7.30.2007

                   
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Take A Hike...well, okay...A Walk.


NOTCOT(the fabulous site by my friend, Jean Aw and colleagues) did a nice feature story on this cool site, so I am reprinting it here.



Jean Aw: "Odds are if you are reading this, you PROBABLY should check the Walk Score of your current location and get walking. I mean seriously, we spend a bit too much time at our computers… well me at least. Apparently my current walkscore is well in the green, at 88% - what is that, a B+? A-? Its been a long time since i’ve thought about grades. “70 - 90 = Very Walkable: It’s possible to get by without owning a car.”

This is an interesting mashup - Walk Score uses a patent-pending algorithm to calculate the walkability of an address based on: The distance to walkable locations near an address, calculating a score for each of these locations, combining these scores into one easy to read Walk Score. More details below on how the calculate an areas walkability…"


From Walk Score:

Walkable Neighborhoods

Picture a walkable neighborhood. You lose weight each time you walk to the grocery store. You stroll home from last call without waiting for a cab. You spend less money on your car—or you don’t own a car. When you shop, you support your local economy. You talk to your neighbors.
What makes a neighborhood walkable?



Walkable communities tend to have the following characteristics:

* A center: Walkable neighborhoods have a discernable center, whether it’s a shopping district, a main street, or a public space.
* Density: The neighborhood is compact, rather than spread out, which brings people closer to stores and jobs and makes public transportation more cost effective.
* Mixed income, mixed use: Housing is provided for everyone who works in the neighborhood: young and old, singles and families, rich and poor. Businesses and residences are located near each other.
* Parks and public space: There are plenty of public places to gather and play.
* Accessibility: The neighborhood is accessible to everyone and has wheelchair access, plenty of benches with shade, sidewalks on all streets, etc.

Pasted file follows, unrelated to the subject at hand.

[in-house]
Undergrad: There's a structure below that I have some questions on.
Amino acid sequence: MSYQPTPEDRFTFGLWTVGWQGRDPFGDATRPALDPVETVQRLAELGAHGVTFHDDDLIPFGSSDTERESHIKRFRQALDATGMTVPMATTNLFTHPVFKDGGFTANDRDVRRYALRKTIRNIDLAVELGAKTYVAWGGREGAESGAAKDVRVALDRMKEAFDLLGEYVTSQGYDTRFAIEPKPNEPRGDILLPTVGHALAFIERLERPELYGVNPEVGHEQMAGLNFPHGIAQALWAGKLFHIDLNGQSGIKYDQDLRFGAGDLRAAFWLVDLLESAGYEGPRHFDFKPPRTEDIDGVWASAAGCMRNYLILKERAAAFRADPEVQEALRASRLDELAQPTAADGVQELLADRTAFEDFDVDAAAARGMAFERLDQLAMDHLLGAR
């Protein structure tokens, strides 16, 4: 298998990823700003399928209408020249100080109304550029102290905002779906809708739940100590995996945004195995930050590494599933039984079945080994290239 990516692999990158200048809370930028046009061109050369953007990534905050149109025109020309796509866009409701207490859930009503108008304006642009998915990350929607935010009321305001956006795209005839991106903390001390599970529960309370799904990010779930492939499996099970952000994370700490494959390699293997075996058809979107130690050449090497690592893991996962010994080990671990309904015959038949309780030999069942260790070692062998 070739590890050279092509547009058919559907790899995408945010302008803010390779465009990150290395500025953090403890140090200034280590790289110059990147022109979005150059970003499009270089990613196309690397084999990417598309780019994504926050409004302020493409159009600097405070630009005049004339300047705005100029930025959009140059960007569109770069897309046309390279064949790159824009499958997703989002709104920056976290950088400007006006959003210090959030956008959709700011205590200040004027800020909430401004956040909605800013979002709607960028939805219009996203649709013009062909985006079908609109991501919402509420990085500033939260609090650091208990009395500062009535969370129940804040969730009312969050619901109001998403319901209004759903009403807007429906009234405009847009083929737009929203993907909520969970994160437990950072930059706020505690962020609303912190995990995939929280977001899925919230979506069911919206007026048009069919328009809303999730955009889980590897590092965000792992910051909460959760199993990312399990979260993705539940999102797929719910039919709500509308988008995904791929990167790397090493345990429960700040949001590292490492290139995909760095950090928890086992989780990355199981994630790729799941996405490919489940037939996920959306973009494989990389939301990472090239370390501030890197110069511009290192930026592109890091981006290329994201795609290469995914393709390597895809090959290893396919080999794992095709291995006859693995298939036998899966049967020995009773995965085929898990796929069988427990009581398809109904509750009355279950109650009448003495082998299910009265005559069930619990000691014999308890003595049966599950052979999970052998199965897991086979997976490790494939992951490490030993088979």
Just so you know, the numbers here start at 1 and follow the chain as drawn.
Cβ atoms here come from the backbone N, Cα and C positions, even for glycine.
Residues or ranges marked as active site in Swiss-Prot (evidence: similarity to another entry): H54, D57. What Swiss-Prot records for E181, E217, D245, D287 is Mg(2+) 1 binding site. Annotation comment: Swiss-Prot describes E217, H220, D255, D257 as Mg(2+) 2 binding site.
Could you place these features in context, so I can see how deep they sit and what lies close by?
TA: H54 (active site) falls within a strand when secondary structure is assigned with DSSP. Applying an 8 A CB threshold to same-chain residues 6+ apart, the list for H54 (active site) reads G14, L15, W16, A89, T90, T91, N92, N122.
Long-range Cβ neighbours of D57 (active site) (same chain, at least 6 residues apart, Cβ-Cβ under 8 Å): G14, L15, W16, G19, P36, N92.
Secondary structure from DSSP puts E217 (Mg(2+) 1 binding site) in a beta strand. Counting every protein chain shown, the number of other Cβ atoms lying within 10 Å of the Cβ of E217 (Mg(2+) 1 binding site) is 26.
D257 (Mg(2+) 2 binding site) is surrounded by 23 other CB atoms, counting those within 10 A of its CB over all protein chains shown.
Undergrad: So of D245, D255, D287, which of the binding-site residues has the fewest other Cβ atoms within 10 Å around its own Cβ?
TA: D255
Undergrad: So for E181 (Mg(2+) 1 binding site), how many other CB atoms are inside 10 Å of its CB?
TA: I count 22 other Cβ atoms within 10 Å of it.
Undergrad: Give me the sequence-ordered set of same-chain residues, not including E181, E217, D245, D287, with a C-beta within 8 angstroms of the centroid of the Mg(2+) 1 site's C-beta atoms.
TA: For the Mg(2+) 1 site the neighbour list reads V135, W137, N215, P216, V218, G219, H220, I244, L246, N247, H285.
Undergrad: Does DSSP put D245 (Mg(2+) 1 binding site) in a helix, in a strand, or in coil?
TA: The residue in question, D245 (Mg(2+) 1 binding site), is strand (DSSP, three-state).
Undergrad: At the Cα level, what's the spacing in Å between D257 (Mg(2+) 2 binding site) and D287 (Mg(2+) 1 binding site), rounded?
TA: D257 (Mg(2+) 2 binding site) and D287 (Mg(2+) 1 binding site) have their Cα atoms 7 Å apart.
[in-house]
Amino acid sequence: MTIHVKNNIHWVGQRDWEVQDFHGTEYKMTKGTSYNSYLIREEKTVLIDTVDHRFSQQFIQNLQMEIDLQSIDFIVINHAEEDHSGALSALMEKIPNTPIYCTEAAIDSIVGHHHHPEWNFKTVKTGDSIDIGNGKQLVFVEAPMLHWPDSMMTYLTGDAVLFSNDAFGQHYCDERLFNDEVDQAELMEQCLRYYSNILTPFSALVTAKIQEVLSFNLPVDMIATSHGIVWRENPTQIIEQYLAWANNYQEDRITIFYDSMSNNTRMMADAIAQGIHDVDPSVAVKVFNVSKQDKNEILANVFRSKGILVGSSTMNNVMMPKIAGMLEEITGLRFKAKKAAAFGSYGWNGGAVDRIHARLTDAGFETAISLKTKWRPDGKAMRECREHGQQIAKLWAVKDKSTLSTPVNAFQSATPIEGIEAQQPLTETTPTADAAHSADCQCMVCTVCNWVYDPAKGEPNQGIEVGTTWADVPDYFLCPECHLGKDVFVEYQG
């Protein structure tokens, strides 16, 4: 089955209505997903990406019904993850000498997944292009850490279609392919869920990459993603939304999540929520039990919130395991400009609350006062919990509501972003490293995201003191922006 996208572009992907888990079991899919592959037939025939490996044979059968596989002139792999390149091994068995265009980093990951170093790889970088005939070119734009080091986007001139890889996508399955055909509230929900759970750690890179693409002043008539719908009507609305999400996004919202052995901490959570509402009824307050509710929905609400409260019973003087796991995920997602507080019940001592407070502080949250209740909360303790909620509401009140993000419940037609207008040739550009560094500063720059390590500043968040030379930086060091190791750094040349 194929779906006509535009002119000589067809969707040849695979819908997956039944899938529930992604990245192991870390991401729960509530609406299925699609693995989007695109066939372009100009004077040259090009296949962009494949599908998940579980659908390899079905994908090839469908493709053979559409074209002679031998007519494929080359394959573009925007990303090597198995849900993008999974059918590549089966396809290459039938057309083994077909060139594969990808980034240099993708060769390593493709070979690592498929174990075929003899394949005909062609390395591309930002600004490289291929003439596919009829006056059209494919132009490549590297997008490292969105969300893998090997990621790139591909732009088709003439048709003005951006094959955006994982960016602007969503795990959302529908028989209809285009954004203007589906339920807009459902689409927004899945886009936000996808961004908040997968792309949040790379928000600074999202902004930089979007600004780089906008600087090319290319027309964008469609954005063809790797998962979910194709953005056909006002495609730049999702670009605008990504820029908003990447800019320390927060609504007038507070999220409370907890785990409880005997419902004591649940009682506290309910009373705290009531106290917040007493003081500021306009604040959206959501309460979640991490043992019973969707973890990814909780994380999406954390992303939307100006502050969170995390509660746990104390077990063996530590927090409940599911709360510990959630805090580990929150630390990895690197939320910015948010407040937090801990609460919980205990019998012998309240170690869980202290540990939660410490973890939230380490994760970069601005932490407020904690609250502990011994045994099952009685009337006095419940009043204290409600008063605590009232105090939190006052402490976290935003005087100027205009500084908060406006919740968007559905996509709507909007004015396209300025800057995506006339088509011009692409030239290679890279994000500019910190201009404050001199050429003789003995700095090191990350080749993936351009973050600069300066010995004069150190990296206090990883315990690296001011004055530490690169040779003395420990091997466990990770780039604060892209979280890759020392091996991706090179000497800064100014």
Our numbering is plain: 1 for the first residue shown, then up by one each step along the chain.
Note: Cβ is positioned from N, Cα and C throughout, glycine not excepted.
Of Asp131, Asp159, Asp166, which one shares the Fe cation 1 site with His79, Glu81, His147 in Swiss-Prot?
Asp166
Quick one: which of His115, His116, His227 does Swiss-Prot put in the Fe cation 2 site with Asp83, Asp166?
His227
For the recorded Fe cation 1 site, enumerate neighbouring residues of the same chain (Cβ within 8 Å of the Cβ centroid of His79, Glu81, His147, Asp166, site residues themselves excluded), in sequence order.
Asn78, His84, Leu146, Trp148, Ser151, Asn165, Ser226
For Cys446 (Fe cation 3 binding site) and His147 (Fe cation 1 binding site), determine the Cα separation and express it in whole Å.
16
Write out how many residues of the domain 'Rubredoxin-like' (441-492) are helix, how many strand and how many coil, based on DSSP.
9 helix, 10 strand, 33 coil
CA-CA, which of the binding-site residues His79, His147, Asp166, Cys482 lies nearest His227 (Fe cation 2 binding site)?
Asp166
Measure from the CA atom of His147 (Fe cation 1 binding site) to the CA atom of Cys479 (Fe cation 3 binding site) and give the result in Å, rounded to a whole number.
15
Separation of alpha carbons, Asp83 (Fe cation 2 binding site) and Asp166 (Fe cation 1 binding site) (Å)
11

* Well connected, speed controlled streets: Streets form a connected grid that improves traffic by providing many routes to any destination. Streets are narrow to control speed, and shaded by trees to protect pedestrians.
* Pedestrian-centric design: Buildings are placed close to the street to cater to foot traffic, with parking lots relegated to the back.
* Close schools and workplaces: Schools and workplaces are close enough that most residents can walk from their homes.

They even have a page of “How it doesn’t work”


www.walkscore.com

2 comments:

Dasha said...

I believe that walk score is cool, but nowadays more and more people prefer to drive cars. Homes are often located in an area where some establishments are easier to get to by car than on foot. I've recently found a type of service on drivescore which is called Drive Score. It shows a map of what establishments are in your neighborhood and calculates a Drive Score based on the number of places within a convenient driving distance. It doesn’t mean that drive score is better than walk score – they are equal and both necessary in the modern world!

fsbo said...

I've visited Drive score and now I find it really convinient tool. I've also found on Fizber.com a service Climate.fizber.com which allows homebuyers to check what the climate is like in another town or city all year round before they move there. That's cool!

C'mon people, it's only a dollar.
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